“Our homebred Wooded foals are strong and powerful individuals – I don’t think we’ve seen the best individuals at the foal sales”
The market has taken a warm view of both Romanised (€7,000) and Wooded (€12,000), with Romanised’s first two books hovering between the 127 and 139 mark and Wooded holding steady at approximately 120 mares each season.
“We’re really excited about Wooded’s first foals,” says Jeffroy. “Our homebreds are strong and powerful individuals – I don’t think we’ve seen the best individuals at the foal sales – and it will be interesting to see the first yearlings sell next year.
“When Adam Sangster came here last spring, he saw the outstanding individuals we have in our fields and he quickly made up his mind about shuttling Wooded to Swettenham Stud in Australia.
“Romanised has been very well received and strongly supported by French breeders. He’s actually covered more mares in his second season than he did in the first, and that’s all thanks to the word-of-mouth. He stamps his foals with quality and his movement. We would like to thank Romanised’s owner Mr Robert Ng for his trust with his stallion.”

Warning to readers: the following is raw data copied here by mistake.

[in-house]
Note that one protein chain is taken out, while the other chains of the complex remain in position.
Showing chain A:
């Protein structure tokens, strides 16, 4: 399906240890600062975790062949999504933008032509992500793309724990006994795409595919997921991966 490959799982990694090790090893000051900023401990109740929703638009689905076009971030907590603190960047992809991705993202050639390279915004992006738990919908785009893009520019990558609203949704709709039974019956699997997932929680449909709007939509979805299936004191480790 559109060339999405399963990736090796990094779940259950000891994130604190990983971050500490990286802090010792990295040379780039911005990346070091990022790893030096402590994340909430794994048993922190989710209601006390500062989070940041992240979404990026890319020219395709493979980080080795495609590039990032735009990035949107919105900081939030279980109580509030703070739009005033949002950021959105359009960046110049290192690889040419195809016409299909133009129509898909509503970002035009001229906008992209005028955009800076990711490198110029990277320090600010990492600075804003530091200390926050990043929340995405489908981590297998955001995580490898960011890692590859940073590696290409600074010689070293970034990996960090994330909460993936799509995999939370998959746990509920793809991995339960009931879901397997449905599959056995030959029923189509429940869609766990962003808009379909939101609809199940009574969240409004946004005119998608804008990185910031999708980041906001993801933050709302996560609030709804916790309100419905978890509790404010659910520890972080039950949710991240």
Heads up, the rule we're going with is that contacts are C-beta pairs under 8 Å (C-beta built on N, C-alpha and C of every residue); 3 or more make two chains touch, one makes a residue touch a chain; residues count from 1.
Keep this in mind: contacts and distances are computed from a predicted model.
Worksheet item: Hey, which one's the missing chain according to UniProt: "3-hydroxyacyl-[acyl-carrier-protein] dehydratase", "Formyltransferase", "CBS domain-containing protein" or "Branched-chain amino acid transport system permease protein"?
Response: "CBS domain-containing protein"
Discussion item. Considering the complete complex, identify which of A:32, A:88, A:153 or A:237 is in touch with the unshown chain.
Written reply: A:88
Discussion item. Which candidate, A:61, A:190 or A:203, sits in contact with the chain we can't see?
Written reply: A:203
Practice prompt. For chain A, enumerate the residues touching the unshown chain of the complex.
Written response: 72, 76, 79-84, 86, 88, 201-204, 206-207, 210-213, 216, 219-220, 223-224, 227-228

There is also a strong proven element running through Bouquetot led by Olympic Glory (€4,000), whose stud record is headed by the Group 1-winning fillies Watch Me and Grand Glory, and Zelzal (€15,000), France’s busiest stallion last season as the recipient of 189 mares off the back of a start highlighted by the North American Grade 3 winners Dolce Zel and Ouraika.
“Zelzal was indeed the busiest stallion in France last year, further to his first crop’s excellent start,” says Jeffroy. “One should realise that Zelzal didn’t cover many mares in his first years at stud and, with small crops to start with, he’s already had two Group winners with Ouraika and Dolce Zel as well as the stakes-winning two-year-old Zelda. With only 16 runners from his second crop of two-year-olds, he’s already got six winners including three promising horses for next year – Alto with Henri Devin, Brisbane with François Rohaut and Olkovshka with Christophe Ferland.”
Al Wukair (€5,000), one of the most accomplished representatives of the Warning line at stud, has also sired a brace of stakes winners in his first crop while Ectot (€5,000) is building a fine dual-purpose profile. There is also an intriguing addition for 2023 in the 2,000 Guineas winner Galileo Gold (€7,000), who sired the Phoenix Stakes winner Ebro River and ultra tough Group 3 scorer Oscula from his first crop bred at Tally-Ho Stud.